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379 Illegally Caught Sharks Buried at Sea

Date: July 24, 2011

On July 18th, the B/P MARY I, and 6 fibras (small open fishing boats) found with it, were captured by the Galapagos National Park’s Sea Ranger 2, with the support of the Navy. The boats were located southeast of Genovesa Island, 20 miles within the boundaries of the Galapagos Marine Reserve at the time of their detention. The boats did not arrive in Puerto Baquerizo Moreno on San Cristóbal Island on the afternoon of July 19th because of poor sea conditions. At 5:30 pm, following the required legal proceedings of naval authorities, police, and local prosecutors, the holds of the Mary I were inspected.

The inspection was completed at noon on July 20th and initially revealed a total of 357 sharks, 11 mahi-mahi, 9 albacore, and 1 swordfish. The shark species included 286 fox sharks (Alopias superciliosus), 22 blue sharks (Prionace glauca), 40 Galapagos sharks (Carcharinus galapaguensis) 6 hammerhead sharks (Sphyrna lewini), 2 tiger sharks (Galeocerdo cuvieri), and 1 mako shark (Isurus oxirrinchus). 

As required by Ecuadorian law, all of the illegally-caught sharks were returned to the sea today. Three of the 30 arrested fisherman – the captain and two crew members – joined the scientists to witness the burial to ensure transparency in the disposal of their catch. Before returning them to the sea, scientists measured and sexed each shark and took samples for genetic and demographic analysis. They discovered during this process that there were a total of 379 sharks slaughtered, not 357 as originally reported. The dorsal fins had been almost completely severed, so it is believed that they were captured for the in-demand Asian delicacy of shark fin soup.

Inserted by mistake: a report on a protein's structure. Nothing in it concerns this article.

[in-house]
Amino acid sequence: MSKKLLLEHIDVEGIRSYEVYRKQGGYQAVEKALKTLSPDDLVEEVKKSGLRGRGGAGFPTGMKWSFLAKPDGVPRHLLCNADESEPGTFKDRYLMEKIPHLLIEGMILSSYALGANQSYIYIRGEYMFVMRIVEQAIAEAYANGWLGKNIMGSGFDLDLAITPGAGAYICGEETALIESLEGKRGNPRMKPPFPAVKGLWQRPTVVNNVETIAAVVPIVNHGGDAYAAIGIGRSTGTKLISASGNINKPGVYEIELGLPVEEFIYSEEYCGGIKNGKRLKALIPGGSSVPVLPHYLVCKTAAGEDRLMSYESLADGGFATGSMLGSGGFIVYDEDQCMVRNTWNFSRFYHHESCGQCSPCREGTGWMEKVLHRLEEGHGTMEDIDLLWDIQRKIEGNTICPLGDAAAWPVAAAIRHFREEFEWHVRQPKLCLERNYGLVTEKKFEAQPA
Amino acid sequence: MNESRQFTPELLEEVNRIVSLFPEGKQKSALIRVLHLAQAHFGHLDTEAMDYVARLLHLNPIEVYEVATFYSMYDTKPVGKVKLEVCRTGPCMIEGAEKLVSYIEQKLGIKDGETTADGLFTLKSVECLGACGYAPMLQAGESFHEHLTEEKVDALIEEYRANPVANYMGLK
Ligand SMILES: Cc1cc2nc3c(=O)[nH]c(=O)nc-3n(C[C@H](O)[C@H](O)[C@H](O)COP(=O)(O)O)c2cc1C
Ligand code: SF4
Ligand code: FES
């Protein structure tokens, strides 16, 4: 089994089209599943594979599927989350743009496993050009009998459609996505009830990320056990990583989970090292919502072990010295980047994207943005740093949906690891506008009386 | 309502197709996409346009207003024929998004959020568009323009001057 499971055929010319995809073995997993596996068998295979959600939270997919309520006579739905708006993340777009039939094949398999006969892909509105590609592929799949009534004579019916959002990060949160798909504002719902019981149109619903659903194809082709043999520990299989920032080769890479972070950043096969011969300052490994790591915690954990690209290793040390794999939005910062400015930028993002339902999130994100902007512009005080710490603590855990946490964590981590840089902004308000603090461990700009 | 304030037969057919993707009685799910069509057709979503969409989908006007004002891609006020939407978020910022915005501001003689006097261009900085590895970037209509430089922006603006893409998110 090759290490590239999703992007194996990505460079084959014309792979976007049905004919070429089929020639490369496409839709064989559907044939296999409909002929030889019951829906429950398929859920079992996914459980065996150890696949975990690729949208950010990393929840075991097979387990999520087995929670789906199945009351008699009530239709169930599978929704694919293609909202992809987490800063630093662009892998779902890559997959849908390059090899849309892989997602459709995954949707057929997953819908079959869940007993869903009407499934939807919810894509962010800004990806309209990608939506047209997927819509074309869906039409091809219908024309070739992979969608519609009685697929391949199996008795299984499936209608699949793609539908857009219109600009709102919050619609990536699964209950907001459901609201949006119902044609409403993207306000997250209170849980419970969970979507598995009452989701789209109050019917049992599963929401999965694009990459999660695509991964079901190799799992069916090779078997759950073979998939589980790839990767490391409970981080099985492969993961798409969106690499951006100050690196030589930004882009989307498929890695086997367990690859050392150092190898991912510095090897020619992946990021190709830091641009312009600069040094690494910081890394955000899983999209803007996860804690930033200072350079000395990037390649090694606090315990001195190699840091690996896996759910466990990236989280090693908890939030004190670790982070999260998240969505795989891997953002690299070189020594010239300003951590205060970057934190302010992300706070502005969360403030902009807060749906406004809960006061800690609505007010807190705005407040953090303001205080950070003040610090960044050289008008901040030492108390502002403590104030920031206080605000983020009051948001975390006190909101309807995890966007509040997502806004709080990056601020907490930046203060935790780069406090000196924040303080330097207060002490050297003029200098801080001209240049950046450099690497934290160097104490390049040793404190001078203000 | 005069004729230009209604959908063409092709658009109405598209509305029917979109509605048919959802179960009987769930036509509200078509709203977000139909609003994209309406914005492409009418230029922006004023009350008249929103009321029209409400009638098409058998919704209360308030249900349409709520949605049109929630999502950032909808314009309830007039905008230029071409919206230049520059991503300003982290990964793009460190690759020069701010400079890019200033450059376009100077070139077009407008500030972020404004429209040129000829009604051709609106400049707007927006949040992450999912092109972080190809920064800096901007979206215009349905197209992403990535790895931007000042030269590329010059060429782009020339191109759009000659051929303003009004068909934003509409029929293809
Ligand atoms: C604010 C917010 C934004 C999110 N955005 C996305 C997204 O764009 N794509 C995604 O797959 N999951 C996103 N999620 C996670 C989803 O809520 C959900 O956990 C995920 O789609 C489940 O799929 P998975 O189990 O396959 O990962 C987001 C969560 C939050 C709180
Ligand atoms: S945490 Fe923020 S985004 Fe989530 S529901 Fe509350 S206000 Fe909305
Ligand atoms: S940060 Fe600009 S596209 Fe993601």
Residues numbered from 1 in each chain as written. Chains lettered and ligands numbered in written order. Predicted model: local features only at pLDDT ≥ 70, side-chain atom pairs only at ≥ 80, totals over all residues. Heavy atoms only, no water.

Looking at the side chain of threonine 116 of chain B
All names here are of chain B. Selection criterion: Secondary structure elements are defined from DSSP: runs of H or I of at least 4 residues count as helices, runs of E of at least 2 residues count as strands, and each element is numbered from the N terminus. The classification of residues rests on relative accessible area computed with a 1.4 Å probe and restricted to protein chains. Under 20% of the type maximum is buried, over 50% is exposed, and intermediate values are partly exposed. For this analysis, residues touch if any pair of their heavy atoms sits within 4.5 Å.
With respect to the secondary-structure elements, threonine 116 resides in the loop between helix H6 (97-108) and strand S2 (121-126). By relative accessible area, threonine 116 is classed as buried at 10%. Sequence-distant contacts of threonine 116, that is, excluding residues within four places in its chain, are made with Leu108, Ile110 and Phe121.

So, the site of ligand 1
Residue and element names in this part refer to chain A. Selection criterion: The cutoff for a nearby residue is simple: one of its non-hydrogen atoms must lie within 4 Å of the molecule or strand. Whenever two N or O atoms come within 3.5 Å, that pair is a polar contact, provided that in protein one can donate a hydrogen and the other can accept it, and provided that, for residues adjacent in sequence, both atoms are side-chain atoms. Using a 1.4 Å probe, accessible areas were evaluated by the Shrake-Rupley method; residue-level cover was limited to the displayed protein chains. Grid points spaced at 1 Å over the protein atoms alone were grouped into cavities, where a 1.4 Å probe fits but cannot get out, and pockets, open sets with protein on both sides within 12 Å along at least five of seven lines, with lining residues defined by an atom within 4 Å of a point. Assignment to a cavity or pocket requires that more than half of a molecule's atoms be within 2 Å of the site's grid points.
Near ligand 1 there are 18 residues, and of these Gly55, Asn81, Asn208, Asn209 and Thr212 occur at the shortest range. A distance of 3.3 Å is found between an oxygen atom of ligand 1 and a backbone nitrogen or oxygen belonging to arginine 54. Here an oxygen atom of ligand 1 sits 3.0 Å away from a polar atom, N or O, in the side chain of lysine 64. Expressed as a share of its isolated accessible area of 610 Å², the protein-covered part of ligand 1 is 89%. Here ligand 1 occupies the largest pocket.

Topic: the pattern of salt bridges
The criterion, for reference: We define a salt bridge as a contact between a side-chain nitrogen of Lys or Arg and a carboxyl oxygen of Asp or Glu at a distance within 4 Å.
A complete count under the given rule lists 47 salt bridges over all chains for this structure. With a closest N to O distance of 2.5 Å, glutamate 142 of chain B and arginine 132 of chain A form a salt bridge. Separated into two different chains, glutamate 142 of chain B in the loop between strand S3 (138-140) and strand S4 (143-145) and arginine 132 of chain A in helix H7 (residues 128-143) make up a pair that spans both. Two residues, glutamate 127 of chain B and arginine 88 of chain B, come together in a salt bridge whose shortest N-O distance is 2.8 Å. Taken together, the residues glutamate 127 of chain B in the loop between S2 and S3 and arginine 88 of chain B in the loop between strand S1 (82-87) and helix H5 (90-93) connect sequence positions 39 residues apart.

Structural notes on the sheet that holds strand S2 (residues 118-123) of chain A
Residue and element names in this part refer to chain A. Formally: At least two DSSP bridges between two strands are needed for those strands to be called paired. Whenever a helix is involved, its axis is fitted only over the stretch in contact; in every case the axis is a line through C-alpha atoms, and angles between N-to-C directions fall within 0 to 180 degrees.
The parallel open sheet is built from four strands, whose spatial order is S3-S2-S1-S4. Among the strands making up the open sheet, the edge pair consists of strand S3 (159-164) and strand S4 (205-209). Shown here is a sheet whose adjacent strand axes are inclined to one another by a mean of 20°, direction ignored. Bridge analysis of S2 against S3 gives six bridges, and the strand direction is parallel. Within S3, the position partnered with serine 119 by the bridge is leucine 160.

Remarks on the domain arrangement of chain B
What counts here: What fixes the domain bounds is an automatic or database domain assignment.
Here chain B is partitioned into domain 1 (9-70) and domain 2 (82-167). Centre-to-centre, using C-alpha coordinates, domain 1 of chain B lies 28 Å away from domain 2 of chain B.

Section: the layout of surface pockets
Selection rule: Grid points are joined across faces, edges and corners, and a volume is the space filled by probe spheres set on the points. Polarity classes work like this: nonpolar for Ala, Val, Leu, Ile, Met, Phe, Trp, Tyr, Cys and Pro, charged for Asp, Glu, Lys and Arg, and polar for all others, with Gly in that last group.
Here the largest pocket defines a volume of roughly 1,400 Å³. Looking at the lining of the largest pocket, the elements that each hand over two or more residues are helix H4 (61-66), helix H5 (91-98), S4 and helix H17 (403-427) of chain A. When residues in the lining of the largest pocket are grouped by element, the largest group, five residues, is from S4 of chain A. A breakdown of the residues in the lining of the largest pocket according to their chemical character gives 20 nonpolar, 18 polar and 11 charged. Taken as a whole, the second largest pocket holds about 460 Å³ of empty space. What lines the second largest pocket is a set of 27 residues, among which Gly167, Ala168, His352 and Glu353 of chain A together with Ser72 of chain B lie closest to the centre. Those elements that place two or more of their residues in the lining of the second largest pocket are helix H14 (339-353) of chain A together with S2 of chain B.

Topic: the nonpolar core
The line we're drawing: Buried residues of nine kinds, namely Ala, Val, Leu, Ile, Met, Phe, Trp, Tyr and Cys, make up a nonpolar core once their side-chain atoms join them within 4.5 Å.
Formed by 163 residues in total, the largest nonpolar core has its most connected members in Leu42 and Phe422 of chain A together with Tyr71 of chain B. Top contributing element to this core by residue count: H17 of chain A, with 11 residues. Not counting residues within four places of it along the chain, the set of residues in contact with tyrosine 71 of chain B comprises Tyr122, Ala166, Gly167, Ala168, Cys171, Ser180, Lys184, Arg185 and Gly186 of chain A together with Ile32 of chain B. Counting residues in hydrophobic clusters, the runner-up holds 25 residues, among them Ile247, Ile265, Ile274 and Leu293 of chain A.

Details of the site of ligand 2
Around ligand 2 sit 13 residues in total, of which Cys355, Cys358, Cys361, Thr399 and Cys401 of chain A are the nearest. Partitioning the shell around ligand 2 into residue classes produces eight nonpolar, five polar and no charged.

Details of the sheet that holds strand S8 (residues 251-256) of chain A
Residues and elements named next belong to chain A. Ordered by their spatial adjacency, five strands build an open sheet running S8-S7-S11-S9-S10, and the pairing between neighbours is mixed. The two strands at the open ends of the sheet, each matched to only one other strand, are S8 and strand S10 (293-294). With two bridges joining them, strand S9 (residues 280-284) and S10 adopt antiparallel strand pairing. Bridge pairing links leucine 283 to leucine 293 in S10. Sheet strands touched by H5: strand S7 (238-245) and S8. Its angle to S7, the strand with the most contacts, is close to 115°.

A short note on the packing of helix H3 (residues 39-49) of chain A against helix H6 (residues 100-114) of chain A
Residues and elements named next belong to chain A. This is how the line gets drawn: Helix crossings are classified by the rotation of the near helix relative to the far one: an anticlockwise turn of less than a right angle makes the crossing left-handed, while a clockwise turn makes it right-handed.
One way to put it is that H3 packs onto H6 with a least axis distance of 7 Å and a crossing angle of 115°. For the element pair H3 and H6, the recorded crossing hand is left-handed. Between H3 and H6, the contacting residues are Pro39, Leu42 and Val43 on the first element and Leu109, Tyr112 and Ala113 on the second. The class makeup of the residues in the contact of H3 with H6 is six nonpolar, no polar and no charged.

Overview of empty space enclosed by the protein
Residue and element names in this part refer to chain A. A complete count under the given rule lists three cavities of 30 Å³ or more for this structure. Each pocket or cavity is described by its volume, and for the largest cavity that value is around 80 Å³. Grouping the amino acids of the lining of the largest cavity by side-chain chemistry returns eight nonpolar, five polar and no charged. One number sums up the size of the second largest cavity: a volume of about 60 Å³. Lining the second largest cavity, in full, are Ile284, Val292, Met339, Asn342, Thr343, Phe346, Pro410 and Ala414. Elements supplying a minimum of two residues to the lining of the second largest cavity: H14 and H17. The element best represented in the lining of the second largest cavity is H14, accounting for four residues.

The arrested fishermen are currently in jail awaiting a hearing where they will face criminal charges. It is illegal to capture, sell and transfer sharks of any kind in the Galapagos Marine Reserve (GMR). In addition, the Special Law for Galapagos, which established the GMR, prohibits industrial fishing activities, including the use of longlines.

Matt Kareus

Matt is the Executive Director of IGTOA.


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